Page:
After discussing some of the factors that might be involved in this finding, as well as looking at children’s lives in more depth, the report offers six priorities that decision makers should bear in mind:
1. The right conditions to learn and develop
2. A positive view of themselves and a respect for their identity
3. Enough of the items and experiences that matter to them
4. Positive relationships with their family and friends
5. A safe and suitable home environment and local area
6. The opportunities to take part in positive activities that help them thrive
All of which I can go along with, but I do have a slight question about one of them: priority number 3, in particular the bit about “Enough… items…that matter to them”. The report notes that children feel unhappy when they feel too different from their friends, and that this can relate to clothes, things they own, and pocket money, and I can see this with both my own children and the young people I work with. But is the answer really to make sure they have enough of the things that matter to them?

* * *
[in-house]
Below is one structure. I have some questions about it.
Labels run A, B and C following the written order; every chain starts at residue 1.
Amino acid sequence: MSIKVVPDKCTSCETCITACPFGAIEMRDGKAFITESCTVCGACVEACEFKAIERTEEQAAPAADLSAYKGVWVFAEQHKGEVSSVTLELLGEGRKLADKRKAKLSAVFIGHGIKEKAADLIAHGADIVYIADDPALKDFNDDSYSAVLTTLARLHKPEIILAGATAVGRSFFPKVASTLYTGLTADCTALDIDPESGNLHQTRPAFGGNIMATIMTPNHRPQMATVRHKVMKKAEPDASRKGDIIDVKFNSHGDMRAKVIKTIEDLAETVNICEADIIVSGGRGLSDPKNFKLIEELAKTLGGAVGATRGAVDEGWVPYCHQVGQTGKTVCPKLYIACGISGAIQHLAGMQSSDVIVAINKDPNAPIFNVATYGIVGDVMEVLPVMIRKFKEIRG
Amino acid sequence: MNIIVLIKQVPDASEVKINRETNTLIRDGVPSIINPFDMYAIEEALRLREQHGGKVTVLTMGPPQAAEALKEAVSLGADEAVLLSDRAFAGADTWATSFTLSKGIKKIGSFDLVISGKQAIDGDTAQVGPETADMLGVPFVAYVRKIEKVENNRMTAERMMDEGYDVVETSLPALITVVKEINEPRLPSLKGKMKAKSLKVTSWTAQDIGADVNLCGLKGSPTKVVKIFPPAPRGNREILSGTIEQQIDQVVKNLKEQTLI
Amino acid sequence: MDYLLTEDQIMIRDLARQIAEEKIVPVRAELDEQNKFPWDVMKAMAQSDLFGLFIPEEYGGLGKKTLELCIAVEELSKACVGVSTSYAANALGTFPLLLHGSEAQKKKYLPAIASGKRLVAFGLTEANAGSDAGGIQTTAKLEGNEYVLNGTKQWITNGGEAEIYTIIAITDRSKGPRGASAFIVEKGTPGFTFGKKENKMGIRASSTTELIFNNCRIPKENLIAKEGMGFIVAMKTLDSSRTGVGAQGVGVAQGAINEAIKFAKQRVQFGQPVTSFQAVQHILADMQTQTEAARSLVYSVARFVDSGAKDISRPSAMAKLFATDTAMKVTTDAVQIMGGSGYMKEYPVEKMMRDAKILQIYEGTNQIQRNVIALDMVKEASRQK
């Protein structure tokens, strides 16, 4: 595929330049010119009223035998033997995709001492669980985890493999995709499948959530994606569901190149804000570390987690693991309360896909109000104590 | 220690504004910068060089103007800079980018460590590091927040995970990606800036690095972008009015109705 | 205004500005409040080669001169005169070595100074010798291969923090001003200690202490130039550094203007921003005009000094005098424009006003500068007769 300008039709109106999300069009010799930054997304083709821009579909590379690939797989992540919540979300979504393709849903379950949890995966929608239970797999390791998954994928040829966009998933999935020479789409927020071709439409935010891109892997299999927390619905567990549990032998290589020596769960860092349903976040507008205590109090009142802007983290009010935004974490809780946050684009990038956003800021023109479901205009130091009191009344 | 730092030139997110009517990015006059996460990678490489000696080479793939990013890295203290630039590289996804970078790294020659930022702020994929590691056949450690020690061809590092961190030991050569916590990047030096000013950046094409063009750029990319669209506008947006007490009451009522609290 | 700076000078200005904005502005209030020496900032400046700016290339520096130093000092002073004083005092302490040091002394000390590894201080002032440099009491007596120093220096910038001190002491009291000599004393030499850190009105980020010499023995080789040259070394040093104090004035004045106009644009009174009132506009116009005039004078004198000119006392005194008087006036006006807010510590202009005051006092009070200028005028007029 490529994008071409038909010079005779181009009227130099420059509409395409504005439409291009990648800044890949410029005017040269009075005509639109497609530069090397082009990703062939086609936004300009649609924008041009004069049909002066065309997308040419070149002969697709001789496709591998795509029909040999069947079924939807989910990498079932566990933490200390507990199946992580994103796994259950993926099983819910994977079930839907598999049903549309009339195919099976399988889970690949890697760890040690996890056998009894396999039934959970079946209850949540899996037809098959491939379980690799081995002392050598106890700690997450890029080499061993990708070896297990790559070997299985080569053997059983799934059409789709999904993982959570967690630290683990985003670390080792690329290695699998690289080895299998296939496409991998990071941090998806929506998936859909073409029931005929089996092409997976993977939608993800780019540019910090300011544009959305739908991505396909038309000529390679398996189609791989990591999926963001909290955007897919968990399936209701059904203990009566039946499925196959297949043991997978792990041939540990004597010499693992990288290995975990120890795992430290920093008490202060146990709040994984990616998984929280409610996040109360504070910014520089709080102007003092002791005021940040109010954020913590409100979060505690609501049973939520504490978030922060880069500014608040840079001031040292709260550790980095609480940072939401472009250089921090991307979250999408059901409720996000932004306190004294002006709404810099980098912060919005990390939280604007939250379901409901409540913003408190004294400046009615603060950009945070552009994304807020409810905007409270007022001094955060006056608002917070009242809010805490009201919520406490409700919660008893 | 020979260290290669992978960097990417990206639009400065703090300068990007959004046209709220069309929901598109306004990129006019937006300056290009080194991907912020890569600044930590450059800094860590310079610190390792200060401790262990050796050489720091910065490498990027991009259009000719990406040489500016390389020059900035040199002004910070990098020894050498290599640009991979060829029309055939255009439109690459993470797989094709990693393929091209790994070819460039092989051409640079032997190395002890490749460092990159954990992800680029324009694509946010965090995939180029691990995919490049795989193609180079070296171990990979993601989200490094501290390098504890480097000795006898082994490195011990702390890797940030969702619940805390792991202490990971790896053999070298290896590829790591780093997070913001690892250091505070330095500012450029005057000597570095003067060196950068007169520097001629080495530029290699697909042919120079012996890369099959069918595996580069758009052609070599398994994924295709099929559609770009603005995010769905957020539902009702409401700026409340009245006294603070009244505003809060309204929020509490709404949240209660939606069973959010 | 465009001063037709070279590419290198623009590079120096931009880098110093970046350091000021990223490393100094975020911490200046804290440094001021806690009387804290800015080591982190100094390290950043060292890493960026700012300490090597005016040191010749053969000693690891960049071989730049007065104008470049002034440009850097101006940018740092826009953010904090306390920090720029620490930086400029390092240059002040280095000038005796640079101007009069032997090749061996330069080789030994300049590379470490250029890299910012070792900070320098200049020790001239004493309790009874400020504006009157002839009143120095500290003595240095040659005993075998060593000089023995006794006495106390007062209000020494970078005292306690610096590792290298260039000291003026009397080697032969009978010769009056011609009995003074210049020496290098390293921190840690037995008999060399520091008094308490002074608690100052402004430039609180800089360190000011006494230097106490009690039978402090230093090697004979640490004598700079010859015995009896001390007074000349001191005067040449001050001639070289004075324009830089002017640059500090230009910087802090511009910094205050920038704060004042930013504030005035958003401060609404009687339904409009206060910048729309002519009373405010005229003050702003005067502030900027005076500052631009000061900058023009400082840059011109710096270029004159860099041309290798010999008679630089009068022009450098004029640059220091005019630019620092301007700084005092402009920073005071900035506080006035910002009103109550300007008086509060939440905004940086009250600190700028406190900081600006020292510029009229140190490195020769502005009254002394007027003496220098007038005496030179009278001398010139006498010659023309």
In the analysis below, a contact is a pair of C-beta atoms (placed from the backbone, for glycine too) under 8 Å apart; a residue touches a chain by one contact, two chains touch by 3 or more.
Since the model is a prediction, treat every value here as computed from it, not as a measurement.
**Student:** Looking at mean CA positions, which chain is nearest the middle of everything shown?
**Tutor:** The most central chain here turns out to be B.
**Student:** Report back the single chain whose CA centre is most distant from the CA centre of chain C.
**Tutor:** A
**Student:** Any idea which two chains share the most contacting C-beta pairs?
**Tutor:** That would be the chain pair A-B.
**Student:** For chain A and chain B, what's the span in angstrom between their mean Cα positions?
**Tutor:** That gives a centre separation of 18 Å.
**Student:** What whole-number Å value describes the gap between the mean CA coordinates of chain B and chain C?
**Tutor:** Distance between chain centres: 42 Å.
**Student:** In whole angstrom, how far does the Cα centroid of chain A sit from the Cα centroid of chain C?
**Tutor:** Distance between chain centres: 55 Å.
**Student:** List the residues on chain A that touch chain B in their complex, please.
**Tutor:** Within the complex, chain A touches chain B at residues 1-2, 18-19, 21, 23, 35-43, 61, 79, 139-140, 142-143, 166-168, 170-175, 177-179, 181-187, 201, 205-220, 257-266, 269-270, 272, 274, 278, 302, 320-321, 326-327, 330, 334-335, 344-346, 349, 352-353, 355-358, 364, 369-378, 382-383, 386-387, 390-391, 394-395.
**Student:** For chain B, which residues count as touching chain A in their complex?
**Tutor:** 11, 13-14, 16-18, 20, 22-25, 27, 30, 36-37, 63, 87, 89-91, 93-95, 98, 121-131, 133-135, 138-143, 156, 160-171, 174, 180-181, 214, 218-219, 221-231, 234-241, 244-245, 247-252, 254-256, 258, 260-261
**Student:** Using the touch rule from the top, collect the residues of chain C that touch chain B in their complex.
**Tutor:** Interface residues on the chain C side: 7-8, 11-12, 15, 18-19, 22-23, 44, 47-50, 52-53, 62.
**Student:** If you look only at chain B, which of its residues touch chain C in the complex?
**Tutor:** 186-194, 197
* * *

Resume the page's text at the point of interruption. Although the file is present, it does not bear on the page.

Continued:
Might it not be better to begin challenging what matters to them? The thing is, children are children, and mainly they copy what they see around them. We adults have created a world for them in which the “items that matter” are consumer goods; phones, laptops, the latest version of Halo or Jack Wills clothing. I have to confess that I can be as guilty of this as anyone…just check out my iPhone 4! But maybe if we showed them that some of the items that matter to us have little monetary value they might begin to copy that.
I’d also like to have a discussion about what the word “enough” means, but I’ll save that for another day.